As the UN-sponsored climate change conference in Lima, Peru drew to a close in mid-December, a poll by the United Nations and associated organizations showed millions of respondents around the world had little interest in action to address climate change.
Of the 16 priorities from which respondents could choose, “Action Taken on Climate Change” finished dead last.
The poll was conducted by My World, a United Nation global survey unit. “Working with partners,” My World’s website explained, “we aim to capture people’s voices, priorities and views, so world leaders can be informed as they begin the process of defining the next set of global goals to end poverty.” In addition to UN funding, My World is supported by the Overseas Development Institute and Ipsos MORI, a leading market research company in the UK.
As of Dec. 25, the survey had received opinions of more than 7 million respondents from 195 countries. The respondents’ top priority was “a good education,”
The rankings in terms of highest priority to lowest were: A Good Education (4,695,890); Better Healthcare (3,955,748); Better Job Opportunities (3,806,014); An Honest and Responsive Government (3,219,620); Affordable and Nutritious Food (2,846,323); Protection Against Crime and Violence (2,735,432); Access to Clean Water and Sanitation (2,608,928); Support for People Who Can’t Work (2,339,940); Better Transport and Roads (2,246,193); Equality Between Men and Women (2,229,670); Reliable Energy at Home (2,124,244); Freedom from Discrimination and Persecution (1,975,007); Political Freedom (1,962,912); Protecting Forests, Rivers, and Oceans (1,779,040); Phone and Internet Access (1,730,721); and, in last place, Action Taken on Climate Change (1,416,167)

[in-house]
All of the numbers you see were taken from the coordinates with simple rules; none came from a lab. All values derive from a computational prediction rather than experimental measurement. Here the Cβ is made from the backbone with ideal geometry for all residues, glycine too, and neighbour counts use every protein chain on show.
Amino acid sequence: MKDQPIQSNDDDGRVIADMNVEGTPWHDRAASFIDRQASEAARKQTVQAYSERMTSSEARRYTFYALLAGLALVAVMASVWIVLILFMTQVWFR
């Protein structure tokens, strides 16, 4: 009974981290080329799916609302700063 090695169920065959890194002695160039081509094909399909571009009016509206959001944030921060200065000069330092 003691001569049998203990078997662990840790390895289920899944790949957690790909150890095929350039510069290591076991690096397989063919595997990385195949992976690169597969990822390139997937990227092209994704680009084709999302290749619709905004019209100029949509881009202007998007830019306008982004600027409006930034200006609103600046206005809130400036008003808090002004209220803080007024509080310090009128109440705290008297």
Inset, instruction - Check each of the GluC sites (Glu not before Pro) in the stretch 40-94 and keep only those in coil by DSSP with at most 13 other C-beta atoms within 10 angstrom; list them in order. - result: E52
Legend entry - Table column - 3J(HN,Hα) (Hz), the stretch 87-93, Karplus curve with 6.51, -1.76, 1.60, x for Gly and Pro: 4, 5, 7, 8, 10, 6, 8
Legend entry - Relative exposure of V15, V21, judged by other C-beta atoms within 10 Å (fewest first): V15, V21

Action Taken on Climate Change received more than 300,000 fewer votes than Access to Telephone and Internet. Because most of the 195 countries represented in the survey are economically underdeveloped, it is arguably unsurprising that priorities such as better job opportunities and access to clean water and reliable energy at home were seen as more important than dealing with climate change.
Divide Between Public, Elites
Commenting on the rankings, Paul Driessen, a senior policy advisor with the Committee for a Constructive Tomorrow in Washington, DC, said, “It’s last on the list because people know climate-change programs will undermine all the other imperatives. They would keep people trapped in poverty, misery, disease, and early death because the only way out requires hydrocarbons for reliable, affordable electricity and motor fuels. Decent education, healthcare, jobs, food, clean water, and sanitation would be out of reach if people are forced to rely on wind, solar, and biofuels. Even environmental quality would suffer, because bans on fossil fuels would force people to turn more wildlife habitats into fuel.
“In a nutshell,” Driessen said, “‘climate action’ would give UN and rich-country bureaucrats the power to tell the world’s poor, ‘Sorry, you can’t have the living standards we enjoy, because that would hurt the climate.'”
My World, We the Peoples, http://heartland.org/policy-documents/we-peoples-celebrating-7-million-voices; and supporting data; http://data.myworld2015.org/